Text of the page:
Understanding the Importance of Encouragement
As parents, you hear a lot about a child’s lack of confidence & low self esteem and that somehow it is your job to instill that in your children. But many parents go about this task and actually create a selfish, unmotivated and discouraged child instead of a child that has healthy self esteem. They do this by handing out continual praise and complements for accomplishments rather than encouragement for effort.
It is imperative to understand the difference between praise and encouragement. Praise is often mistaken for encouragement and is often given when a child performs well in some activity. What can happen if praise is overused is that the child can begin to think his worth is dependent on winning, or doing well or being smart. Unconsciously, there is concern about what happens if she can no longer perform to those standards that won praise from mom and dad. There was an article about a study of elementary school children in the New Yorker that was very interesting. It found that children praised for being smart often became underachievers for fear that if they didn’t do well in some subject they would be failures.
Encouragement on the other hand is freely given to a child just for being here. Encouragement acknowledges effort not accomplishment, the process rather than the result. When a child does a painting commenting on how much they look like they enjoyed creating the picture is more self-esteem building than than saying ‘that’s the best painting you have ever done’. It does not mean you can never praise a child, it just should not be the only way to acknowledge what she does.
Encouragement is perhaps the most important component of raising well-adjusted, happy and responsible children. Misbehavior is the result of a discouraged child. Parents discourage children in many ways without realizing they are doing it. First of all a lack of patience will often cause parents to interrupt a child’s effort at dressing themselves because buttons or shoelaces are a skill they have not mastered. How many times have you seen a toddler want to help with putting away groceries, pouring milk or carrying a plate to the sink only to be told he is too small. For the concern of some spilt milk or a broken dish children are treated as if they are incapable.
Encouragement is not only avoiding discouragement by humiliation but being careful about overprotection. Sometimes it is necessary to encourage a child in playing by herself, sleep in her own bed and go to pre-school. Being self sufficient is a major task of childhood. Children have amazing courage to try new things. As parents, it is your job to be there to say ‘try again, I know you can do it’.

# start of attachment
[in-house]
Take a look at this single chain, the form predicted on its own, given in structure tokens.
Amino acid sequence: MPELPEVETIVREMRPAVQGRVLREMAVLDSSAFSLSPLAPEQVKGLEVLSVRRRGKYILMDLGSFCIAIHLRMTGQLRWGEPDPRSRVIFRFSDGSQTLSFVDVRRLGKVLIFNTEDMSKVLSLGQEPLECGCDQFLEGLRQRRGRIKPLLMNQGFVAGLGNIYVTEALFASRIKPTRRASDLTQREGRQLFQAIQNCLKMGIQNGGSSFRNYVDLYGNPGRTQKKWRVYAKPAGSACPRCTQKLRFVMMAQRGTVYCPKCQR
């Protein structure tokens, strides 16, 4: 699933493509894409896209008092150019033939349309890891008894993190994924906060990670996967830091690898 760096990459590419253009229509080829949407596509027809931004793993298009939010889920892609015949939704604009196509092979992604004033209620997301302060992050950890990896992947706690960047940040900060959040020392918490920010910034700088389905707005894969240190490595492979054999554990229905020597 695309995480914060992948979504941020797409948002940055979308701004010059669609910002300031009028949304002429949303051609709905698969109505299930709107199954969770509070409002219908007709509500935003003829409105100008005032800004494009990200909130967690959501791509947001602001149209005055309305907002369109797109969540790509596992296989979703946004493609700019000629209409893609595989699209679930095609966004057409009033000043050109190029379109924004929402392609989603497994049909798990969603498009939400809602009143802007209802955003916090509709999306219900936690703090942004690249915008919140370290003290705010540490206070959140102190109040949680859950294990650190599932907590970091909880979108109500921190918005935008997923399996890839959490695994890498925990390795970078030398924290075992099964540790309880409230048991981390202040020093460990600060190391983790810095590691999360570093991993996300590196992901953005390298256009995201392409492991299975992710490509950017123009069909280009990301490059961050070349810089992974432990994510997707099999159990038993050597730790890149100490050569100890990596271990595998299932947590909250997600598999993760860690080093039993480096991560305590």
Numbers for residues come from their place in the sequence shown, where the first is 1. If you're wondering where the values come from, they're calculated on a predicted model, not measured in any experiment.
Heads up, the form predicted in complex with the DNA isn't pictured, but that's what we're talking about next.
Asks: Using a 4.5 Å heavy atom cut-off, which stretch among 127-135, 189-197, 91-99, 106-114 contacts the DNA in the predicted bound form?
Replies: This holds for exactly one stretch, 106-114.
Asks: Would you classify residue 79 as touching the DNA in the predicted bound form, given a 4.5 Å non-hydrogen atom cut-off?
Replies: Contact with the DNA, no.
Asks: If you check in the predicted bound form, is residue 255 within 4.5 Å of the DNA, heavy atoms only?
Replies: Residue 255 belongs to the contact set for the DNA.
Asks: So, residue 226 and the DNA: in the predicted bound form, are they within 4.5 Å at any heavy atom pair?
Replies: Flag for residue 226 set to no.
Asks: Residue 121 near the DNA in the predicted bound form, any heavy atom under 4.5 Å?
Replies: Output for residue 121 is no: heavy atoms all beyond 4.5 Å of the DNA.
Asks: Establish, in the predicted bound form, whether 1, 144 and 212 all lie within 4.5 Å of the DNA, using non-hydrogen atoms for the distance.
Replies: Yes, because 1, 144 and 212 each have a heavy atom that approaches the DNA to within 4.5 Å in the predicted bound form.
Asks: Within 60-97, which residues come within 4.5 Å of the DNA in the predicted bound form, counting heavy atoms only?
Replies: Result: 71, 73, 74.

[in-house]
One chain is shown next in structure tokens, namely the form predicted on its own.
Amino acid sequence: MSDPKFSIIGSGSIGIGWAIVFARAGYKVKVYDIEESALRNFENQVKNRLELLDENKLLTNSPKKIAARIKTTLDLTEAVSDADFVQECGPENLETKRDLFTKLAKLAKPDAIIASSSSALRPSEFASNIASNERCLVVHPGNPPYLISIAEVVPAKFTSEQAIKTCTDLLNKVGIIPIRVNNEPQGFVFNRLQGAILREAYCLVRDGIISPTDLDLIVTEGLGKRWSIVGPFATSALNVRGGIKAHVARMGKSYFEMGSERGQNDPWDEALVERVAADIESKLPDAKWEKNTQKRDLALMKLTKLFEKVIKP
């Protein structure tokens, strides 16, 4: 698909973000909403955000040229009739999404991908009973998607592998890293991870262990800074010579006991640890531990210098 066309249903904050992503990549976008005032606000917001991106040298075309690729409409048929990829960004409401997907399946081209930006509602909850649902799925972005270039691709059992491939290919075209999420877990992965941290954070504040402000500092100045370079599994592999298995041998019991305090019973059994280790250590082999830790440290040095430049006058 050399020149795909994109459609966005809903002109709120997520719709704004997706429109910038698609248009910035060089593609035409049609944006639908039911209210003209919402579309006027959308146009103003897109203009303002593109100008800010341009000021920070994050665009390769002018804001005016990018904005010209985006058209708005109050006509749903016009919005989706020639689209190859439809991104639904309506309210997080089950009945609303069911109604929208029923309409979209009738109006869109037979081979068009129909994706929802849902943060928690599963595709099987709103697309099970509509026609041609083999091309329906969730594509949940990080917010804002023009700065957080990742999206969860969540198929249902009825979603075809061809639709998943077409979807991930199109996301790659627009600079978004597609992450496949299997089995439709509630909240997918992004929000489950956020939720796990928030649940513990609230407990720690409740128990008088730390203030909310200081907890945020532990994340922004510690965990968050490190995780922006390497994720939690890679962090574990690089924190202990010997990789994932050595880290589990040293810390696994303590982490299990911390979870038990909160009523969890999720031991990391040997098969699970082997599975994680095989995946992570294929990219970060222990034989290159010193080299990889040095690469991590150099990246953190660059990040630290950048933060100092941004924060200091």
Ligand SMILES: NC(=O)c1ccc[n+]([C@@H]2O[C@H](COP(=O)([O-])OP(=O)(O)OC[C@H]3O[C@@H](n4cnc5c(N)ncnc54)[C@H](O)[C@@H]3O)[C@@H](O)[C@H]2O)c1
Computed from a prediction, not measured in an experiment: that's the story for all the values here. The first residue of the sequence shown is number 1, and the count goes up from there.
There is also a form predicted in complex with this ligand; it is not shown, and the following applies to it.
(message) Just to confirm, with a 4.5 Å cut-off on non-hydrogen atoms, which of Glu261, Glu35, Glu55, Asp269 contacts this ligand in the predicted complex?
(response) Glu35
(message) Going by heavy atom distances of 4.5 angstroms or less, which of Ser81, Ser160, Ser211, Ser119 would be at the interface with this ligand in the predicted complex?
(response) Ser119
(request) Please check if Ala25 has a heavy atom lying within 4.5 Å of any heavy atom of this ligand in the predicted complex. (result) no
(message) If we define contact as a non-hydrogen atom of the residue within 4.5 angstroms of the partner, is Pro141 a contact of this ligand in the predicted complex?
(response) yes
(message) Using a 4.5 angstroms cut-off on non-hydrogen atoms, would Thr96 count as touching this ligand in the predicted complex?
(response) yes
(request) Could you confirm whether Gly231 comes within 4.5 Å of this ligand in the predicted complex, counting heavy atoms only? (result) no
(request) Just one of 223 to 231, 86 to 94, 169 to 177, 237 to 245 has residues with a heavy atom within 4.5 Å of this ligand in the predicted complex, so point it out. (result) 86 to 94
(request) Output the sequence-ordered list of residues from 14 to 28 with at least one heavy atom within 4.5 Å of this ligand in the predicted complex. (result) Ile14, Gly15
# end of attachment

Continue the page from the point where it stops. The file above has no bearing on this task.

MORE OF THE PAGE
It is an interesting phenomenon that when a child is ready to help, parents think she is to small and discourage that, and when parents think child is old enough to help the child is no longer interested. What learning opportunities are missed. If the milk is spilt it is an opportunity to learn how to clean it up. Even very young children can set the table, put silverware in the drawer, clean a table, etc. These activities instill a sense of accomplishment and pride and also create the atmosphere of participation and contribution to the family.
There is so much to be gained by allowing your 10 year old to help you paint or repair something that requires some skill. You are saying you believe in his ability and you will be training him in how to learn. It doesn’t matter if the job turns out less than perfect because the contribution to your child’s self esteem is the goal.
Including children in the running of a household from small things like folding clothes and setting the table, can be invaluable as they grow into teenagers. When allowed to contribute as young people, children grow with a sense that they are important in the family. They are a valuable part of what makes the family work. Many parents complain of the lack of interest in the family from their teens. While some of this lack of interest is developmentally appropriate, it is also a sign that the teen does not feel a part of things and that his presence is not important or valued. Encouragement training is well-worth your time. If you would like to have more information about how to use it effectively consider an online parenting class.